China has constructed military bases on islands it has built from sand bars. These bases have anti-aircraft missile launchers, runways, ports and more. It’s all been done around a new (invisible) Great Wall from China — the so-called “nine-dash line.” The line extends hundreds of miles to claim about 90 percent of the disputed waters.

In the map below, note the Spratly Islands and the Scarborough Shoal. These are two disputed areas closest to the Philippines. (Earth Vagabonds are the blue dot.)

In 2013, the Philippines brought an arbitration case to The Hague to contest the legality of the nine-dash line. In 2016, the court ruled China doesn’t have the right to claim the huge territory and its resources.

China ignored the court decision, and has since continued to militarize its man-made islands, and continued to fish.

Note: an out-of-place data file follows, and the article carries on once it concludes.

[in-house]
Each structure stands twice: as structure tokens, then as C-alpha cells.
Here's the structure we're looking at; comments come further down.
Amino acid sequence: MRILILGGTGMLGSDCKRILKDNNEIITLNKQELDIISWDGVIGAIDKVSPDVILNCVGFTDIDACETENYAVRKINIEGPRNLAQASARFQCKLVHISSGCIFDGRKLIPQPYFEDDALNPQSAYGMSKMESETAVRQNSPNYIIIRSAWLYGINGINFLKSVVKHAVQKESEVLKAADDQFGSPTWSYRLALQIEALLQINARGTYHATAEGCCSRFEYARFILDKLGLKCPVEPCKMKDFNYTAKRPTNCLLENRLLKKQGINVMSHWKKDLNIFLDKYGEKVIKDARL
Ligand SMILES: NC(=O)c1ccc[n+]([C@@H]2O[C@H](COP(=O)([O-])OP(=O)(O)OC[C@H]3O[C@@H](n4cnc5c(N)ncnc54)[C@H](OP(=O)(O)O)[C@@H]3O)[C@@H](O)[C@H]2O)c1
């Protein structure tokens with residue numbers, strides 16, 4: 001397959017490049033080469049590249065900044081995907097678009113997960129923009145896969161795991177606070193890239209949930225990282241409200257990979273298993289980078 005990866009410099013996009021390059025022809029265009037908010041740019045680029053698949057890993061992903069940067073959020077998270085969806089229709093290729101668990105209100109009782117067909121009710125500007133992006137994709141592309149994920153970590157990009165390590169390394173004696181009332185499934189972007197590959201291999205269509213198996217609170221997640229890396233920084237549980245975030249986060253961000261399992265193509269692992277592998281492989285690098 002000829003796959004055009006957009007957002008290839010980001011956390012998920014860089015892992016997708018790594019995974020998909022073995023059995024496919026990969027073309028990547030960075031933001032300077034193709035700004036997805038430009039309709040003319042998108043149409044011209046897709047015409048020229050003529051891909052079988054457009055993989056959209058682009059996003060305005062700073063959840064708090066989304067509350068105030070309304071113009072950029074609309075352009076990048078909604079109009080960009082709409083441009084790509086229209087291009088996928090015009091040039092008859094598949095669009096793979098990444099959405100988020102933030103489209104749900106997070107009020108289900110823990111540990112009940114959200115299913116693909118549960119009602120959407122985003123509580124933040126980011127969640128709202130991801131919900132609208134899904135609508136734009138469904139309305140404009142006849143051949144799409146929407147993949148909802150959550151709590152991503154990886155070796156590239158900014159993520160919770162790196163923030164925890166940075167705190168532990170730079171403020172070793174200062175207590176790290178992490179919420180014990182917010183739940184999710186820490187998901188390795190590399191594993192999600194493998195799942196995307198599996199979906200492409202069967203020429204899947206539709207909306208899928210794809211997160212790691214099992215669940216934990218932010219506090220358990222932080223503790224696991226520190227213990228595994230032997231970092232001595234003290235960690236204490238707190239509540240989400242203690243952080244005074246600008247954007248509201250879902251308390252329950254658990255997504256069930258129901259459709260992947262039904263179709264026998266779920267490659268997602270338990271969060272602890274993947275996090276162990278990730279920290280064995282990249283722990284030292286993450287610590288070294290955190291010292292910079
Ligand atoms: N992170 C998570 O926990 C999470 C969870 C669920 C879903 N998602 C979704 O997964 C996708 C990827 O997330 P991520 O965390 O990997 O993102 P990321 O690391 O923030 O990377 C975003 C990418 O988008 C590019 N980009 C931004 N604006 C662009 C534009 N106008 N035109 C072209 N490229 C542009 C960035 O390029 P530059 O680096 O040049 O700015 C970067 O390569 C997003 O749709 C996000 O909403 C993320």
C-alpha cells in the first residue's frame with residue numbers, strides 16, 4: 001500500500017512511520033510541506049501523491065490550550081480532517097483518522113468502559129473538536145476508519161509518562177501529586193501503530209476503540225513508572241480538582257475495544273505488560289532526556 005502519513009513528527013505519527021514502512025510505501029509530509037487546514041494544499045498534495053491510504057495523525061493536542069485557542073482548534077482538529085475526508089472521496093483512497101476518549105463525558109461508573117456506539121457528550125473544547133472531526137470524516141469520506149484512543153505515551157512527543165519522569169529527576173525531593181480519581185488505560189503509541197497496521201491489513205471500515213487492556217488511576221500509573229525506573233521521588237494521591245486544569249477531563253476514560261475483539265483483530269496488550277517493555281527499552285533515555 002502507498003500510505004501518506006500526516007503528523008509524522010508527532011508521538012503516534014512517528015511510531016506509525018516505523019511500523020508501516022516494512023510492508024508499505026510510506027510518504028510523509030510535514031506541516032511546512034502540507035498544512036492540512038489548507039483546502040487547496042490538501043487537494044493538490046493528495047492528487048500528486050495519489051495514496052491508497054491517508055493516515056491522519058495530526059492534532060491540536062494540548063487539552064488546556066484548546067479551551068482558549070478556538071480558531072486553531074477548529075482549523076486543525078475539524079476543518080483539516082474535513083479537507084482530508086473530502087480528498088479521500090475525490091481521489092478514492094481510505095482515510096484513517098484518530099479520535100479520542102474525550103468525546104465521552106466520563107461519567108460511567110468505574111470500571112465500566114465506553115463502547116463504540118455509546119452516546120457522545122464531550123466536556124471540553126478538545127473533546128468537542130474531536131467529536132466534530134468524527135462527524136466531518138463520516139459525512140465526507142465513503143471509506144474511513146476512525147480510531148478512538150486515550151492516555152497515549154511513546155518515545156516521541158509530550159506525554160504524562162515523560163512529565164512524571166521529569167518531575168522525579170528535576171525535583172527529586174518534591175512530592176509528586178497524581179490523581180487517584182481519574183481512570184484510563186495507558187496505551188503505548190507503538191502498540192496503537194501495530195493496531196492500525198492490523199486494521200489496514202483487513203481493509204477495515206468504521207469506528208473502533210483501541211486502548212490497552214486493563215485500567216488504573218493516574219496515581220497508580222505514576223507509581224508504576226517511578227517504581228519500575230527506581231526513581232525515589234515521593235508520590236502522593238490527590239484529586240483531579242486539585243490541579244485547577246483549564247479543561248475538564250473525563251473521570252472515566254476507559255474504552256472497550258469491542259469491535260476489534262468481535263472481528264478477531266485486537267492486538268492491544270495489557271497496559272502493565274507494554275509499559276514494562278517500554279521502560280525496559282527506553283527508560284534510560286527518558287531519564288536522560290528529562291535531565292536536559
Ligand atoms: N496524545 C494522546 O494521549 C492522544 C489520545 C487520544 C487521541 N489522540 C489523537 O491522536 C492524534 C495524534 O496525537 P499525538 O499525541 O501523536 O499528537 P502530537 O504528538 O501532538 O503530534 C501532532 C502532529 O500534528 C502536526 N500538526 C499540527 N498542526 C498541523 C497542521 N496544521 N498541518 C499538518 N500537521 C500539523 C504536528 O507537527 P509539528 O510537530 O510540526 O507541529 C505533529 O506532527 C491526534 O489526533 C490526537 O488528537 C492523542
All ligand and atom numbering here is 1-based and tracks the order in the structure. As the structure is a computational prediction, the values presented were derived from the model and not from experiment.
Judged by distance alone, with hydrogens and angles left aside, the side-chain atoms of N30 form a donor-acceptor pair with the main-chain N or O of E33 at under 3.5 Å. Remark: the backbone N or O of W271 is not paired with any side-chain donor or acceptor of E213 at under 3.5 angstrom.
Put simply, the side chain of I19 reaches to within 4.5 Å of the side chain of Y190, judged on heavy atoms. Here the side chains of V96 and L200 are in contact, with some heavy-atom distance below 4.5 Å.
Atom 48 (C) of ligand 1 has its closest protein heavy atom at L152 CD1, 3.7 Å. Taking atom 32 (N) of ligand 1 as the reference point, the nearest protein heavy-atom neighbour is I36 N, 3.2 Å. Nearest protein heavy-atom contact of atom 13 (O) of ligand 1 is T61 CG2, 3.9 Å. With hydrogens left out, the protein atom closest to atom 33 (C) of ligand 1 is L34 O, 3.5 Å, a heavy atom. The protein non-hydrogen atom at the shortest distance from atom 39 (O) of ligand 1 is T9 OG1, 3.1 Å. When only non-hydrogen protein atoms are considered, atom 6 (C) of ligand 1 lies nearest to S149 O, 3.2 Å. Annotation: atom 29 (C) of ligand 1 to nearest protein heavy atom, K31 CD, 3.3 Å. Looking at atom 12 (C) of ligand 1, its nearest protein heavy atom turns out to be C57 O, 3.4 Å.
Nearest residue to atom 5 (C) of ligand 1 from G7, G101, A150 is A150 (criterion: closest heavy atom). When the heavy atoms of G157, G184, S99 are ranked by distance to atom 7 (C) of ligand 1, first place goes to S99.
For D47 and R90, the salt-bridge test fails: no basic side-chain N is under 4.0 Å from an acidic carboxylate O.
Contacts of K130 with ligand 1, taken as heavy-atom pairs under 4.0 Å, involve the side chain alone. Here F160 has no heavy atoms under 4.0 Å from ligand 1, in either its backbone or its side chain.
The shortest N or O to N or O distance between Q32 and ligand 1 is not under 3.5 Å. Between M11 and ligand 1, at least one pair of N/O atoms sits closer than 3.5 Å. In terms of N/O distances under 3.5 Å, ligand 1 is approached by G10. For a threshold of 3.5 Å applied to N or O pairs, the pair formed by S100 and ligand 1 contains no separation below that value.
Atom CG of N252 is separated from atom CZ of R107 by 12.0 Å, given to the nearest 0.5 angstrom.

Philippine response

A year ago, Philippine President Rodrigo Duterte is quoted as saying, ““When Xi says I will fish, who can prevent him?” He was referring to Chinese President Xi Jinping.

Duterte’s response to China’s territorial aggression has so far been weighed against Chinese investment and spending in the Philippines. For example, Chinese tourists made up half the crowds at famous beach destinations like Boracay before the pandemic.

Muted tolerance from Manila was reinforced this week. Philippine and Chinese diplomats held a virtual meeting. The outcome: the countries will handle the South China Sea dispute “through ‘friendly’ consultations.”